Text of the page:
That is certainly the reason I write. Because God gives me the stories and I want to be obedient in writing them down to the best of my ability and to do what I can to get them into the hands of readers. Not for my glory, so they can know me better, but for His glory, so they can know Him better.

So yes, that feedback thrills me like no other. And it also terrifies me like no other. Because it compels me to ask myself: Is the God my story has just drawn someone closer to the one true God? Or have I allowed my incomplete, in-a-mirror-darkly comprehension of who God truly…

View original post 491 more words

DO YOU THINK IT’S EVER OK TO JUDGE?

Good question. Great answer. This post by Beth is revealing and enlightening.

Beth L. Olson

When you hear the phrase, “You are different than everyone else,” what tone do you hear it in? Is it a positive thing or a negative one?

If we never compare ourselves to each other, how will we recognize and honor the unique gift mix that each person carries?

I would like to propose the idea that comparison is not bad at all. Where we get into trouble is when we… continue reading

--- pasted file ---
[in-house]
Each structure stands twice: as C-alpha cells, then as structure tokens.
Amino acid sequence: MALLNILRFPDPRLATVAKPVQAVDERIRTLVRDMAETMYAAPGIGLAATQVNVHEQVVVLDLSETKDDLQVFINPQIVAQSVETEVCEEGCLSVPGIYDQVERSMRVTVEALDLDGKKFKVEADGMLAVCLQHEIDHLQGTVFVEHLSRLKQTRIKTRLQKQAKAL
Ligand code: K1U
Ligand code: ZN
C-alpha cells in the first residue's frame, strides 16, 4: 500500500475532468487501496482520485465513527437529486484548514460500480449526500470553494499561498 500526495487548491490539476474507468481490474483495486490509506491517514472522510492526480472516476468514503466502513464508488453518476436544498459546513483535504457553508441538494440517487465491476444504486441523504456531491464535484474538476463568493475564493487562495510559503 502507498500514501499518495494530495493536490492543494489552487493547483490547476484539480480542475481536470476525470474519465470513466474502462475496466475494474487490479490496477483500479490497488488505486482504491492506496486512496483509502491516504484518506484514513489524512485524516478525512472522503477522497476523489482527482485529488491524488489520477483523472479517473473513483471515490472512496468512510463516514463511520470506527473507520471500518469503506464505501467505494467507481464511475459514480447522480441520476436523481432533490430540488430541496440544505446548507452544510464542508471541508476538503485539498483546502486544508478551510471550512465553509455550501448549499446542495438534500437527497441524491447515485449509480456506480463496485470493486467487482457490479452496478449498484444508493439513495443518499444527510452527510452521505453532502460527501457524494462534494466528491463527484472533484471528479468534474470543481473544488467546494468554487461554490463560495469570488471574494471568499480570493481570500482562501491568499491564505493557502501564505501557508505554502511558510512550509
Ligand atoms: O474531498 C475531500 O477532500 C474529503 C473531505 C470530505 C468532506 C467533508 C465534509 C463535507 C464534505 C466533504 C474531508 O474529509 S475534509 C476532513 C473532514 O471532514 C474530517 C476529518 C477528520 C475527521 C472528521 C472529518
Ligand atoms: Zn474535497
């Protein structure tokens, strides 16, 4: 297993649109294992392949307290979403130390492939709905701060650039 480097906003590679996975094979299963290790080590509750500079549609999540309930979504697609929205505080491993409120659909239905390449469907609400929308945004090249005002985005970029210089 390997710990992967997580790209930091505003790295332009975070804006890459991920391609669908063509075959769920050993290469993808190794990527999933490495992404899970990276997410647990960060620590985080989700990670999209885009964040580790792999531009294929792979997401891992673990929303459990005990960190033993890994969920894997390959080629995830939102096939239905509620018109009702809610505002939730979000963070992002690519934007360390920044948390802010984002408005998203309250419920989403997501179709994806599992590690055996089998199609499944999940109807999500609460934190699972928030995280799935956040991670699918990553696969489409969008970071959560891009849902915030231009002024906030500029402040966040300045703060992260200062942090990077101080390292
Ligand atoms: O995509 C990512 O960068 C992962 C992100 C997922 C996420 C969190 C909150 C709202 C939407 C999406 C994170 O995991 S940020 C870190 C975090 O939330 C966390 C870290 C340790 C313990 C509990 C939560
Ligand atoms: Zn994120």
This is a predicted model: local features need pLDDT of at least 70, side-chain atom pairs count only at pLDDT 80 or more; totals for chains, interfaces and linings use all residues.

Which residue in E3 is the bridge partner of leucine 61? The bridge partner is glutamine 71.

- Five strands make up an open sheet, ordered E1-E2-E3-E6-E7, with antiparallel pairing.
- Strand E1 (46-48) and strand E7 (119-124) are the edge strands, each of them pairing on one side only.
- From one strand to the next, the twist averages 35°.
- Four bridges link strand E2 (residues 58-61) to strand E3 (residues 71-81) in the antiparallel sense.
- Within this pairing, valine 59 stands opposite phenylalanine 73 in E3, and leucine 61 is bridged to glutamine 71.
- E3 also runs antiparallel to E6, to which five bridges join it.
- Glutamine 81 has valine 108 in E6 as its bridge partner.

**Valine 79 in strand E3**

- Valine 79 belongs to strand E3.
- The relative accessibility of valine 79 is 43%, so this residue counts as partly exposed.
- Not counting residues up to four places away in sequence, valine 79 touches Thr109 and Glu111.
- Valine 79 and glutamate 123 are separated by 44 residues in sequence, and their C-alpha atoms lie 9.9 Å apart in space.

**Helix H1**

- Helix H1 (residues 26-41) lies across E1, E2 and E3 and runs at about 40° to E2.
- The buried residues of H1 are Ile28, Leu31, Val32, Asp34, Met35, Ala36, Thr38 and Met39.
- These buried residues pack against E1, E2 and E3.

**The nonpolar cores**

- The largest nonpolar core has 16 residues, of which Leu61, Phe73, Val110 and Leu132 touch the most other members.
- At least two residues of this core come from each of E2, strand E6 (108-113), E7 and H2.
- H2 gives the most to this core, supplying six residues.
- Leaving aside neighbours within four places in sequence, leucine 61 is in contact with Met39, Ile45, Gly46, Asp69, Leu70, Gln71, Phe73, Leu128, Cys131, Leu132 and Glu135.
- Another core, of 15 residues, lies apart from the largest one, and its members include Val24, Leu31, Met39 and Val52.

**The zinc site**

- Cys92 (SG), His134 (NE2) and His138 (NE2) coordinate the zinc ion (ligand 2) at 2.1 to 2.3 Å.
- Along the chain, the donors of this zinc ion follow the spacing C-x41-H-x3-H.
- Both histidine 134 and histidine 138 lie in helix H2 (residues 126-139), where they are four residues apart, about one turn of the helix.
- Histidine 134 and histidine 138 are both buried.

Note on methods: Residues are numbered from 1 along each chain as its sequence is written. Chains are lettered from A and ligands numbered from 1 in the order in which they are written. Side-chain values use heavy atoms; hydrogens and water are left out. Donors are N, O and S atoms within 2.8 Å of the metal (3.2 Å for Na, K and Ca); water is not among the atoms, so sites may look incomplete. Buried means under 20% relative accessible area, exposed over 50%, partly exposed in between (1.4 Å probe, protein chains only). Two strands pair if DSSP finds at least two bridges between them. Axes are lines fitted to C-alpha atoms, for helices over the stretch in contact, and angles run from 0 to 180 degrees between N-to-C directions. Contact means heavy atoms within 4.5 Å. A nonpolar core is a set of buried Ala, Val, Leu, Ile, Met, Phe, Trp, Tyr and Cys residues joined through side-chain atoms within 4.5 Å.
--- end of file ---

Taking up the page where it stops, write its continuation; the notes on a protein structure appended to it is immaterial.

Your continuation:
Young woman by the hay roll in the field

View original post

How Much Wrong Teaching is Too Much?

An interesting discussion about Christian-classified books or movies, fiction and nonfiction, and should they support biblical theology. Reblogged for your consideration.

WordServe Water Cooler

There is an ongoing debate in Christian circles about whether non-fiction or fiction books are best. Proponents of each, particularly those firmly planted in their perspective camp, tend to be slightly (sometimes more than slightly) disdainful of the other. I have always maintained, however, that this is not an either/or proposition. As every good preacher (including Jesus) will tell you, it’s vitally important to spend time expounding on the Word, but when you launch into a story to illustrate that Word, that’s when everyone suddenly straightens in their seats and becomes even more engaged. Both are needed. The same is true with fiction. In my opinion, if classified as Christian, a story must be firmly rooted in good theology if it is going to have a powerful, lasting impact on the reader.

But is my opinion the right one? If not, it wouldn’t be the first time. And lately I have had…

View original post 464 more words